Visit a New Digital Archive of 2.2 Million Images from the First Hundred Years of Photography

Loya: Val­ley of the Yosemite (The Sen­tinel), c. 1867 – c. 1872. Ead­weard Muy­bridge. Rijksmu­se­um. Pub­lic Domain.

Inter­est­ed in pho­tog­ra­phy? You’re in the right place. Over the years, we’ve com­piled free class­es on dig­i­tal pho­tog­ra­phy, hun­dreds of pho­tog­ra­phy lec­tures, cours­es on pho­tog­ra­phy appre­ci­a­tion, and doc­u­men­taries on famous greats like Alfred Stieglitz, Diane Arbus, Edward West­on, and Hen­ri Carti­er-Bres­son. You can learn the his­to­ry of pho­tog­ra­phy in “five ani­mat­ed min­utes,” see the ven­er­a­ble art of tin­type recre­at­ed, and vis­it archives from the Sovi­et Union, the col­lec­tion of George East­man, and the work of pio­neer­ing motion pho­tog­ra­ph­er Ead­weard Muy­bridge (ani­mat­ed in 93 GIFs).

Still not enough? How about a dig­i­tal library of 2.2 mil­lion images from the his­to­ry of pho­tog­ra­phy? Euro­peana Col­lec­tions just launched its “lat­est the­mat­ic col­lec­tion,” Euro­peana Pho­tog­ra­phy, which, notes Dou­glas McCarthy at the site’s blog, “includes images and doc­u­ments from 50 Euro­pean insti­tu­tions in 34 dif­fer­ent coun­tries.”

Stun­ning land­scapes like that of Muybridge’s Loya: Val­ley of the Yosemite, above, and work from oth­er inno­va­tors like Julia Mar­garet Cameron, below, rep­re­sent high­lights of the archive’s dig­i­tal scans from the first 100 years of pho­tog­ra­phy.

Lilie, 1898–1903. Wil­helm Weimar. Muse­um für Kun­st und Gewerbe Ham­burg, CC0

The col­lec­tion promis­es, “future exhi­bi­tions on spe­cif­ic themes… telling com­pelling sto­ries with stun­ning images.” Cur­rent­ly, you’ll find there themed “expo­si­tions” like “Indus­tri­al Pho­tog­ra­phy in the Machine Age” and “Vin­tage Post­cards of South­east­ern Europe,” among oth­ers. A gallery on “The Mag­ic Lantern” offers a tour of a pre-cin­e­ma enter­tain­ment tech­nol­o­gy. One on pho­tog­ra­ph­er Johan Wil­helm Weimar intro­duces view­ers to incred­i­bly strik­ing work from his 1901 Herbar­i­um.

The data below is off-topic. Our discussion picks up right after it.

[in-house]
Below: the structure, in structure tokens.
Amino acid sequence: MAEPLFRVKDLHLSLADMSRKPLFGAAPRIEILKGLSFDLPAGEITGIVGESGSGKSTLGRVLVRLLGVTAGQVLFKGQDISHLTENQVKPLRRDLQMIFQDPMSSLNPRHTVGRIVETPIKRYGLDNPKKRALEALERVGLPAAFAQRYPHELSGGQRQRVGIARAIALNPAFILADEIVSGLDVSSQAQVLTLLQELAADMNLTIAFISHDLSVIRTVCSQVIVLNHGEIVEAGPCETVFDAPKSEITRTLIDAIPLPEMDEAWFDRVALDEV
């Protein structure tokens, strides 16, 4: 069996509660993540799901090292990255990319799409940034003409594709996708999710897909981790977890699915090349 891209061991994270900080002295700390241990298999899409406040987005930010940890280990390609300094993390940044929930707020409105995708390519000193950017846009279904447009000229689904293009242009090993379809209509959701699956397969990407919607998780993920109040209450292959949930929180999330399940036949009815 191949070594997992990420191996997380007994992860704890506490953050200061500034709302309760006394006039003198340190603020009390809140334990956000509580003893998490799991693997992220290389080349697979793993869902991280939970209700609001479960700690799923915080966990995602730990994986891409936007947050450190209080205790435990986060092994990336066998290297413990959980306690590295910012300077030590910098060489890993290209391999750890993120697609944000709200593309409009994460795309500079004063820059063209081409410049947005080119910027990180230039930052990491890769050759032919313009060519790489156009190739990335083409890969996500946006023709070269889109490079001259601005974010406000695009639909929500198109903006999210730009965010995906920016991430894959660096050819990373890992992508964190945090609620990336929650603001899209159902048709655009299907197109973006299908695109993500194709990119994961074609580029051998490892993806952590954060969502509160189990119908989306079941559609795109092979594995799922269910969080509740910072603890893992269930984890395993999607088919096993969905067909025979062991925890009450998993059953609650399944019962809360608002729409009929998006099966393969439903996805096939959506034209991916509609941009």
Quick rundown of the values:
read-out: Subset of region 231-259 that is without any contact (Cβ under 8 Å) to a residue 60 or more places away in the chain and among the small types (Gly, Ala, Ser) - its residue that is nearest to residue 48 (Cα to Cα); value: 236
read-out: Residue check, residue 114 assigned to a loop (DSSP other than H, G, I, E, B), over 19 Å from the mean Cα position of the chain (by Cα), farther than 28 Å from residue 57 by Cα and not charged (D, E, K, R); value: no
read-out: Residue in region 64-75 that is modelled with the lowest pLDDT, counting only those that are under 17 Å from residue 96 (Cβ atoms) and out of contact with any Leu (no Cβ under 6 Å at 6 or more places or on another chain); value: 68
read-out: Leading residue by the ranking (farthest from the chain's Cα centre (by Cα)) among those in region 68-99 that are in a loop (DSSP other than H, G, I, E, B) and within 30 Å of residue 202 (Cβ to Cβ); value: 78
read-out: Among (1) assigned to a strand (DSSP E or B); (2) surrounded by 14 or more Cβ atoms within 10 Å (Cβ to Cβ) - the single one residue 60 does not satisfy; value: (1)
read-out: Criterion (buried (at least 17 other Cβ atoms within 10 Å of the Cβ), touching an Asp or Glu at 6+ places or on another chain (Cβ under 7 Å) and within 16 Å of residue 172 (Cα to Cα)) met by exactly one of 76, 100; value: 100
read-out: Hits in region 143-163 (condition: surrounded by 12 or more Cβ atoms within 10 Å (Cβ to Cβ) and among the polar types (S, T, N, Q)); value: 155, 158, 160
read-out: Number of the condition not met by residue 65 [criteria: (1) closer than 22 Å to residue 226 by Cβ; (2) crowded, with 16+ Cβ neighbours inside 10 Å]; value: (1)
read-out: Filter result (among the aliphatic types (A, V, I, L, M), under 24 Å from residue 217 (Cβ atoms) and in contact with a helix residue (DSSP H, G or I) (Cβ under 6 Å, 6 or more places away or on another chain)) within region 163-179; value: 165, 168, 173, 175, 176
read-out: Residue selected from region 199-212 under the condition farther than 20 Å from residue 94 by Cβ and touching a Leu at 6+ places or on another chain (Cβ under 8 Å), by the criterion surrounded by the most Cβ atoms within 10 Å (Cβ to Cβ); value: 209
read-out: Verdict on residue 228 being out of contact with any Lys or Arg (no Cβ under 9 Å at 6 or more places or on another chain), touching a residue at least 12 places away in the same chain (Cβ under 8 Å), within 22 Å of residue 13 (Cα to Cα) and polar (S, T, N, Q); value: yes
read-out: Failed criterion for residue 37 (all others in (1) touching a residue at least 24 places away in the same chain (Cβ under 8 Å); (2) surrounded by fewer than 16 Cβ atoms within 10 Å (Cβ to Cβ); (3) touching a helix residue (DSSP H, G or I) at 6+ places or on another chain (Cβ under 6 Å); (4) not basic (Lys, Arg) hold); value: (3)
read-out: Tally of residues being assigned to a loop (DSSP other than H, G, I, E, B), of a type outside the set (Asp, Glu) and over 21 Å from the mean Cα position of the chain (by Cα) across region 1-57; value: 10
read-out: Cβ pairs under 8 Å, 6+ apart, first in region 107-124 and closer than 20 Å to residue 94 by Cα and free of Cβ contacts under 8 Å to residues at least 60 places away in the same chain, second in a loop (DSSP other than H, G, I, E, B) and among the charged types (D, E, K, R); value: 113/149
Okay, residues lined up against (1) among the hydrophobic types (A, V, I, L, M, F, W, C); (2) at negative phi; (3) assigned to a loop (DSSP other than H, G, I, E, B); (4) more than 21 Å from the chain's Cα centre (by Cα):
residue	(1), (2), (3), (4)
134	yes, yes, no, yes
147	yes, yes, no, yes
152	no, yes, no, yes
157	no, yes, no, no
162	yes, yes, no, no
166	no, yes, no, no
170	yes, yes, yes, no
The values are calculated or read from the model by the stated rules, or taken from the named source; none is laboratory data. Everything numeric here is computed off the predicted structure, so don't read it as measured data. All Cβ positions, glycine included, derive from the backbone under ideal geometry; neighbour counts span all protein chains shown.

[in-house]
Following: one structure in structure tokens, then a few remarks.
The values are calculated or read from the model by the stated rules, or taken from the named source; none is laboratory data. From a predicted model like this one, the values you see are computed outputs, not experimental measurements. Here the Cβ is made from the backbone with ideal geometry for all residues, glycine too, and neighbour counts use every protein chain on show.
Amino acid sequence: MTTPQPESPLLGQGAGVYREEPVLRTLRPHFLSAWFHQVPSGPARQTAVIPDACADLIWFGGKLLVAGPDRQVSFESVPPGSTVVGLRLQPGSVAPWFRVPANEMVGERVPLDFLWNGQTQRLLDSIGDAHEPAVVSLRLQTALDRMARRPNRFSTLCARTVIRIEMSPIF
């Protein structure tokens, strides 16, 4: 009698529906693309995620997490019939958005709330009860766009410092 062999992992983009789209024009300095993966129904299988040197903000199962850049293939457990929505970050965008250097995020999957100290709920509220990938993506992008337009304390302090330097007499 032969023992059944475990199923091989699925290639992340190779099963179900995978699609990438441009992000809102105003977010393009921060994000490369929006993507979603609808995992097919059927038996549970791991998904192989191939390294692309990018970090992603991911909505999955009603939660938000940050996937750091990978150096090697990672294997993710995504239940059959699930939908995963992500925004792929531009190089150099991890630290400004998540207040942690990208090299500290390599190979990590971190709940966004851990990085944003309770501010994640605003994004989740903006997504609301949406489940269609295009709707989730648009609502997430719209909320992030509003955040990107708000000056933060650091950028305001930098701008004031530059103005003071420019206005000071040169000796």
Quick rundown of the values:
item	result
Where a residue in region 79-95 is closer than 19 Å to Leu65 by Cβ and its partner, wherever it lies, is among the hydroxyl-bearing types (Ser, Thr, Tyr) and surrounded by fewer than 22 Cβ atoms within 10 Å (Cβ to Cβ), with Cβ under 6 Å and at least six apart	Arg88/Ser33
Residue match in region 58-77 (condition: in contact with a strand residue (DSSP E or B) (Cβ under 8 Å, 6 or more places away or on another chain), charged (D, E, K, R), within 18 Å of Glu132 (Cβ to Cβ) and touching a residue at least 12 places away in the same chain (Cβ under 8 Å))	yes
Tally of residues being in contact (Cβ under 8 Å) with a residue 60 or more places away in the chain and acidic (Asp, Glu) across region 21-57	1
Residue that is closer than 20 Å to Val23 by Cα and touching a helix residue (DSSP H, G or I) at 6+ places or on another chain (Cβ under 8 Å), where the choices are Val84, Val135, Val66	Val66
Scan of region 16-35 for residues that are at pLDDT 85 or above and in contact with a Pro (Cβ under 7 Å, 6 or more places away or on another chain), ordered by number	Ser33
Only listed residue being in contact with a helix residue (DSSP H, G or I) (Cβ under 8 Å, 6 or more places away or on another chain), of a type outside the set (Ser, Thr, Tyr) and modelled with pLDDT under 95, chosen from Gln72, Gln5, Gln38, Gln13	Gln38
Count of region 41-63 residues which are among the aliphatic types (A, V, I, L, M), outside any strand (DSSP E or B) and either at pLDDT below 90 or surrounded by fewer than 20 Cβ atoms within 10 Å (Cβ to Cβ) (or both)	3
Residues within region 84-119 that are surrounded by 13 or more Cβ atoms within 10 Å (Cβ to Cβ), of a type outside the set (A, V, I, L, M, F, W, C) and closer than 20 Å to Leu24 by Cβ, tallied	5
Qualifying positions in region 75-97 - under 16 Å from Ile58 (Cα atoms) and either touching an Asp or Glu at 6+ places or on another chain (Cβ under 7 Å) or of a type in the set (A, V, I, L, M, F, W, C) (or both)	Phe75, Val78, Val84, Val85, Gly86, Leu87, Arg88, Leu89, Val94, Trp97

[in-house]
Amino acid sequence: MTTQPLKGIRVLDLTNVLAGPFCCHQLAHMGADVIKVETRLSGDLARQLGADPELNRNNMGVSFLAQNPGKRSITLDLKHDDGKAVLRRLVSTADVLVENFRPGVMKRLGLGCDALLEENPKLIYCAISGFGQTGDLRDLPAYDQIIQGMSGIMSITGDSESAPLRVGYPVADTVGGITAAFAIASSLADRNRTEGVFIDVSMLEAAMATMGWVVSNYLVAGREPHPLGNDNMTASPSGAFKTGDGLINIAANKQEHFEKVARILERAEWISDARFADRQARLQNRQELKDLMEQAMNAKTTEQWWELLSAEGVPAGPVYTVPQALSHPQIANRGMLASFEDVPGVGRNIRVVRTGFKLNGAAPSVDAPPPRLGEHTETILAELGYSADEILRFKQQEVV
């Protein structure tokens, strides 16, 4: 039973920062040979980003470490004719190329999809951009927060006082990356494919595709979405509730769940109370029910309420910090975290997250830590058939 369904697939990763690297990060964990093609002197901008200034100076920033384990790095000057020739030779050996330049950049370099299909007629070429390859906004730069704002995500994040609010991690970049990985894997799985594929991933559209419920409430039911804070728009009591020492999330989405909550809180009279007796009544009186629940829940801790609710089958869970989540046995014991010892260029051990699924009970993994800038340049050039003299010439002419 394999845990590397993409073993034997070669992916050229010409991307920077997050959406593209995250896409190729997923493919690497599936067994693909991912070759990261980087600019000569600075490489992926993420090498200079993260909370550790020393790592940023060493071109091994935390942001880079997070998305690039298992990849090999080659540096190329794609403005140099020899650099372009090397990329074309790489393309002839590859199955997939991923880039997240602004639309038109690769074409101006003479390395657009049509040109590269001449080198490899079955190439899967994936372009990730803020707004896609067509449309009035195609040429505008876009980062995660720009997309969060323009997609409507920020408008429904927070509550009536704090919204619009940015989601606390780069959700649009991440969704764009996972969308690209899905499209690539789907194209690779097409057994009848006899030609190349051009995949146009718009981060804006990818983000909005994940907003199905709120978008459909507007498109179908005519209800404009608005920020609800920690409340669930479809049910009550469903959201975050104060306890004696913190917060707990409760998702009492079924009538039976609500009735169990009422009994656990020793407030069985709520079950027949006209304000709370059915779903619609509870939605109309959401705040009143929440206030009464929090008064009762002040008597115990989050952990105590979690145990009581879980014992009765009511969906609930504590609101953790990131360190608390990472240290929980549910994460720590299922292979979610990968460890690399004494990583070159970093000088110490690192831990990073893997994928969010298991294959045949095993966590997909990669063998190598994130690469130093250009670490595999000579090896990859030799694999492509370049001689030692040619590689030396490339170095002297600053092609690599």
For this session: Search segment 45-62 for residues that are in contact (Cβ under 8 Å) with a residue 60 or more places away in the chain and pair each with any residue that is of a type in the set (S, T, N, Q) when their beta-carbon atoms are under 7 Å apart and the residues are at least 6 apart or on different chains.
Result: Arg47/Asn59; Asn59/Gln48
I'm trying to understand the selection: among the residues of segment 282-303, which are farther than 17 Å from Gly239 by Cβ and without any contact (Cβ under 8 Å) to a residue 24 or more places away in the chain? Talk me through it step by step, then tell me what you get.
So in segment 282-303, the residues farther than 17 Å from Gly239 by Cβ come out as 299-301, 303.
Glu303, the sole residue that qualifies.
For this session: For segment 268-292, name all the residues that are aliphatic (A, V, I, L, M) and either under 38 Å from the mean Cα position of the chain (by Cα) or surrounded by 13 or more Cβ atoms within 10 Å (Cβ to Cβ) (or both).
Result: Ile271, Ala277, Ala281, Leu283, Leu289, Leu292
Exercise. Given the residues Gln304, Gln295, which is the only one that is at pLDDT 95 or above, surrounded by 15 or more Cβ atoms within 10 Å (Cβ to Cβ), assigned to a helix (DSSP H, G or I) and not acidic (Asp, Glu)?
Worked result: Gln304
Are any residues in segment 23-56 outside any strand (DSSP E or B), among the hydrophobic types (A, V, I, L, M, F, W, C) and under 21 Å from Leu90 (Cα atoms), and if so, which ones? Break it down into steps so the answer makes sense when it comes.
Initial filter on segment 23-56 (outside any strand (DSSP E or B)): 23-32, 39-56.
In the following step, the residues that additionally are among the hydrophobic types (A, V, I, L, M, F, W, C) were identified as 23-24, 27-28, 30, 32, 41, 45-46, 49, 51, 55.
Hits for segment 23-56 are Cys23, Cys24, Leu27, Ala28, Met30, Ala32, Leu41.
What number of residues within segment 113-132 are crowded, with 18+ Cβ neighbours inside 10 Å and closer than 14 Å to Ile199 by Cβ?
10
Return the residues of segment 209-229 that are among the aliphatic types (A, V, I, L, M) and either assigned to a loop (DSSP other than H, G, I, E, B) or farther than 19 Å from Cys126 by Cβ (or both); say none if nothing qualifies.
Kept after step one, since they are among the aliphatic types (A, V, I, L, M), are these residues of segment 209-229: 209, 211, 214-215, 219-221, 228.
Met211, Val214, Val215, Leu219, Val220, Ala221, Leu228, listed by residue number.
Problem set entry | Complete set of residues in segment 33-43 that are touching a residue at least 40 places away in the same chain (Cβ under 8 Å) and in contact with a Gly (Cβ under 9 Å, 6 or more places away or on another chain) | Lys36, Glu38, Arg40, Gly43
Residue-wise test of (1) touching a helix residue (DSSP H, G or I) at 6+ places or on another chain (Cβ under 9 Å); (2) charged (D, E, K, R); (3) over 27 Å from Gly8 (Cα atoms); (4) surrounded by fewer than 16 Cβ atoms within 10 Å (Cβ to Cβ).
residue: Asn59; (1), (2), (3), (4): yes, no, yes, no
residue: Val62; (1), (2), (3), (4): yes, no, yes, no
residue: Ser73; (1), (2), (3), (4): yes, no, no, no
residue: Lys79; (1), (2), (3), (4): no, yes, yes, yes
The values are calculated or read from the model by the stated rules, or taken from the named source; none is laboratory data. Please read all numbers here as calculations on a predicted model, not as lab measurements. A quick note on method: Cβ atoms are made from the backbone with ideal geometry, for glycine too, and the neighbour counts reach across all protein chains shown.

The col­lec­tion is search­able, down­load­able, share­able, and you can choose from 23 dif­fer­ent lan­guages, includ­ing Eng­lish. Its mis­sion is inter­na­tion­al, but also very much built on the idea—some might say polit­i­cal fiction—of a cul­tur­al­ly uni­fied Europe, allow­ing peo­ple to “con­nect with their past, with fel­low Euro­pean cit­i­zens, explore remote eras and loca­tions, and bet­ter appre­ci­ate the val­ue of their con­ti­nen­tal, nation­al and local cul­tur­al her­itage.”

Grand Canal, Venice, 1929. Nico­la Per­scheid. Muse­um für Kun­st und Gewerbe Ham­burg, CC0

Lofty goals, but one need no such larg­er pur­pose to sim­ply enjoy casu­al­ly brows­ing, and mak­ing the kind of odd dis­cov­er­ies one might on a con­ti­nen­tal walk­ing tour, with no par­tic­u­lar des­ti­na­tion in mind.

Vis­it the Euro­peana Pho­tog­ra­phy archive here.

Relat­ed Con­tent:

Thou­sands of Pho­tos from the George East­man Muse­um, the World’s Old­est Pho­tog­ra­phy Col­lec­tion, Now Avail­able Online

Down­load 437 Issues of Sovi­et Pho­to Mag­a­zine, the Sovi­et Union’s His­toric Pho­tog­ra­phy Jour­nal (1926–1991)

School of Visu­al Arts Presents 99 Hours of Free Pho­tog­ra­phy Lec­tures

Josh Jones is a writer and musi­cian based in Durham, NC. Fol­low him at @jdmagness

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